I had this imaginary friend growing up. Actually, she was more than just my imaginary friend, she was my imaginary twin sister. Her name was Janine, and we had a grand old time together until about the 4th grade when it began to dawn on me that playing with an imaginary sister was probably not the most socially acceptable form of free play.
Still, there were occasions for another year or so when I’d revisit my memories of time spent with Janine. I vividly remember that letting her go was a difficult thing for me to do, but the maturing part of my brain new it was a necessary task.
The funny thing about imagination is that it feels so very real, yet we know without a doubt that the created world inside our heads is false. For children, imaginative play is key to development, with some children exhibiting much better ability at tapping into their inner creativity than others.
For adults, imagination can often lend itself to fear. We know too much about the heartaches of this world, and that knowledge works against us.
There is something quite magical that happens, however, when an adult is able to tap into the healthy places of her imagination. This is where art is created – where stories take shape, paintings bloom on blank canvas, culinary masterpieces are placed on the table, and empty walls are filled with design.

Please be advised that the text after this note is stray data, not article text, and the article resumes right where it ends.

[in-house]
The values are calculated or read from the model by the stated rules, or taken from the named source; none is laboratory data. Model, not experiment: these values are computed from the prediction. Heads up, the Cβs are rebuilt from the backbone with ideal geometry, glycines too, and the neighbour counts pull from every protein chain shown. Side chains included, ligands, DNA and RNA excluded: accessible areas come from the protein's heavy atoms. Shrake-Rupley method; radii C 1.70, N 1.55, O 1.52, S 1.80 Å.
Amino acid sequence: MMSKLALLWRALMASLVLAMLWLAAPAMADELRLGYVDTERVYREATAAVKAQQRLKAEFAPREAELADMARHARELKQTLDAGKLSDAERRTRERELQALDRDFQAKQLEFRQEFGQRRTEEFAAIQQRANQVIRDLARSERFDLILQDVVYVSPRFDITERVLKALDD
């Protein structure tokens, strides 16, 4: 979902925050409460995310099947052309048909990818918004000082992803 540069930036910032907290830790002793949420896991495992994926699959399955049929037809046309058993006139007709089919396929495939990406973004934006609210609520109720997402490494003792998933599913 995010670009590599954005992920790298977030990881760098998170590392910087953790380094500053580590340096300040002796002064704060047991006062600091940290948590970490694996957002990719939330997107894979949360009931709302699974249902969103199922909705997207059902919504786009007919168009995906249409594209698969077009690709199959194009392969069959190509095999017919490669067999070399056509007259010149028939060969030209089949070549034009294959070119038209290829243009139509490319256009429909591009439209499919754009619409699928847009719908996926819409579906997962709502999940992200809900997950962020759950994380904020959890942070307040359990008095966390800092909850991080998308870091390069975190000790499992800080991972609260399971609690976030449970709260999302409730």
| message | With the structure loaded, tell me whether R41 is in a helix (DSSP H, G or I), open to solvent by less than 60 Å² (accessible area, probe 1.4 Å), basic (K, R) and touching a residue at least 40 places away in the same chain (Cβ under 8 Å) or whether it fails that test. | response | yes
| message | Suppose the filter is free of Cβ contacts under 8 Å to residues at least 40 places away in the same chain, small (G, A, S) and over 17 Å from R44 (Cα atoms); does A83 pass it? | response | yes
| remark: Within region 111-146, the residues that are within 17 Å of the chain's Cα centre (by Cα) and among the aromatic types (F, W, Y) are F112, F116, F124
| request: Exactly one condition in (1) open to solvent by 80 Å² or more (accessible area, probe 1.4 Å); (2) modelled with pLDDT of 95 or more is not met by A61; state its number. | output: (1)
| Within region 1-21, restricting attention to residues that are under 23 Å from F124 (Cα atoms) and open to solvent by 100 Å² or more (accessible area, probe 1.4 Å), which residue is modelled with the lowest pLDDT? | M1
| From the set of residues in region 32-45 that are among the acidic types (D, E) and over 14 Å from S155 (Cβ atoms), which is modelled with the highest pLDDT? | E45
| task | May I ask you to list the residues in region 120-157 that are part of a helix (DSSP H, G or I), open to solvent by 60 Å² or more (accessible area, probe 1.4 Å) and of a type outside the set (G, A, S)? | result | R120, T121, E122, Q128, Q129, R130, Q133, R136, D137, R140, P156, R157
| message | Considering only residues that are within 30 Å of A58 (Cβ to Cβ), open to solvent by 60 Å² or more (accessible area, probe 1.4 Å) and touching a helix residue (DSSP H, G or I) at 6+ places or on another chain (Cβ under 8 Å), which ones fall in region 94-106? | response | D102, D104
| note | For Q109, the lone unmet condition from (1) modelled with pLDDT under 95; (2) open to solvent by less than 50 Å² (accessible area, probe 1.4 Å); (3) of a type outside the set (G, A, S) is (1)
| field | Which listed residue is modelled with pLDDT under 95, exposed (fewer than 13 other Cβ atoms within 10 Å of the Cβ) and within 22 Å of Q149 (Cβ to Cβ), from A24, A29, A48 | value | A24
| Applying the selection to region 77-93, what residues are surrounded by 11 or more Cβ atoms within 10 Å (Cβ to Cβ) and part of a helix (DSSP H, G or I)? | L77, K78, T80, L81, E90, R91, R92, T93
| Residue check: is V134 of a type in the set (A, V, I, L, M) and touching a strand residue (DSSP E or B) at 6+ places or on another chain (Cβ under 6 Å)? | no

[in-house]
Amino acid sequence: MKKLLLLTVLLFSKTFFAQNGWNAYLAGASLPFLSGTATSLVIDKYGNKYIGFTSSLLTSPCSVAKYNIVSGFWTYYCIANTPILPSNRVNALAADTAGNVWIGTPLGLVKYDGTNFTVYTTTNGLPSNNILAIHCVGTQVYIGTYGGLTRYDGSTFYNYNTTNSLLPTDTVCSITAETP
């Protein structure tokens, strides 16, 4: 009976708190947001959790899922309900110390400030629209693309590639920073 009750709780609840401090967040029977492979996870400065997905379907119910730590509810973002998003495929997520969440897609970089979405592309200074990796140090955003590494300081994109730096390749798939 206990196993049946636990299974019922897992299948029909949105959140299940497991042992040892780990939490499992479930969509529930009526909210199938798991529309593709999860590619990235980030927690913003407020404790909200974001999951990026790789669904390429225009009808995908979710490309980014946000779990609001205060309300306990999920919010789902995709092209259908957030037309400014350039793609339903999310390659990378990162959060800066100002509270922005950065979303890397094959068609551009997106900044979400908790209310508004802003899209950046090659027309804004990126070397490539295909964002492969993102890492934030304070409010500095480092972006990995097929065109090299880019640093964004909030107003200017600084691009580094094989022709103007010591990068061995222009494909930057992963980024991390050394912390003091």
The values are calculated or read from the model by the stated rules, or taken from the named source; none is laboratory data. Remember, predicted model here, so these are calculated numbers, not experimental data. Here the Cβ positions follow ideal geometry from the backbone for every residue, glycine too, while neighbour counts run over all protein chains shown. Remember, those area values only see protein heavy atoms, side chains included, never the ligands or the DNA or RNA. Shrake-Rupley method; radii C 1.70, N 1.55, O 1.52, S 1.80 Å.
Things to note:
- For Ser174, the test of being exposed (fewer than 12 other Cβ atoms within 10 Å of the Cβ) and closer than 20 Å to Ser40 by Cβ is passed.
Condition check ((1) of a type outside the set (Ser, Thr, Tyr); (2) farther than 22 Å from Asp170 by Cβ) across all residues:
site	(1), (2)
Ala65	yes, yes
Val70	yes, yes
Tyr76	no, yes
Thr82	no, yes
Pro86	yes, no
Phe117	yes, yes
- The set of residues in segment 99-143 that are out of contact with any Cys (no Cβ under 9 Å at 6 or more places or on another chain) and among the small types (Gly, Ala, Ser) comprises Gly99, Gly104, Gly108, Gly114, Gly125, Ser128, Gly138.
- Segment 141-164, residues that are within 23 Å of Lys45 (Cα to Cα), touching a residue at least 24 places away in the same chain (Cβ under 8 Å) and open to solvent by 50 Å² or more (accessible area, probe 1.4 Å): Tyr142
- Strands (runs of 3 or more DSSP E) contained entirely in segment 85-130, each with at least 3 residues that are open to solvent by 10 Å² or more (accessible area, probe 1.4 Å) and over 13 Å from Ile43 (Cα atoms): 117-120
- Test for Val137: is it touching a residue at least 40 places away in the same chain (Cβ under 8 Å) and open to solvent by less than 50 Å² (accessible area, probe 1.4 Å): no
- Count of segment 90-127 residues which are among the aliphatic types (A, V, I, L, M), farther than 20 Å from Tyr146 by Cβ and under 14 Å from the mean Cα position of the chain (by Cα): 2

Creativity is birthed in imagination, if we allow ourselves the space to let our minds soar.
Here are three easy steps to tapping into your imagination:
1.) Sit and think.
How often do we sit still as adults? Do we ever allow our minds the space to breathe and expand? For the busy mother, caught in the throes of parenting, sitting in silence is likely an unknown luxury. We hit the ground running from sun up to sun down, and at the end of the day, when given a few precious evening moments, often the television draws us in as the perfect zone out.
But what would happen if you gave yourself five or ten, or even more, minutes a day to just sit in the quiet? To think? To day dream? To imagine? What could you create in that quiet space? Perhaps nothing. Perhaps it would do no more than simply leave you refreshed, allowing you to create at a later time.
But maybe you would find that a whole wealth of ideas lay dormant in your muddled brain. If you’re a creative at heart, I guarantee those ideas are there. They’re just waiting to be discovered.
2.) Get your hands dirty.
There’s something about digging in and working that tends to wake up a dormant brain. While most mothers work themselves to the bone every day preparing meals, washing clothes, cleaning the house, and tending to the 642 needs that seem to arise every hour, we don’t often get away and work on something for the sheer pleasure of working on it.
We don’t let work be a time to engage our brains. Instead, we shut our minds down , laying all thought on the altar of the next necessary task.
Creatively freeing work will look different for everyone. For some, it’s the act of exercising. For others, it’s getting out in the yard and pulling weeds. Some simply need to do the creative work they love to do, while others find that their souls breathe when they’re scrubbing a bathtub.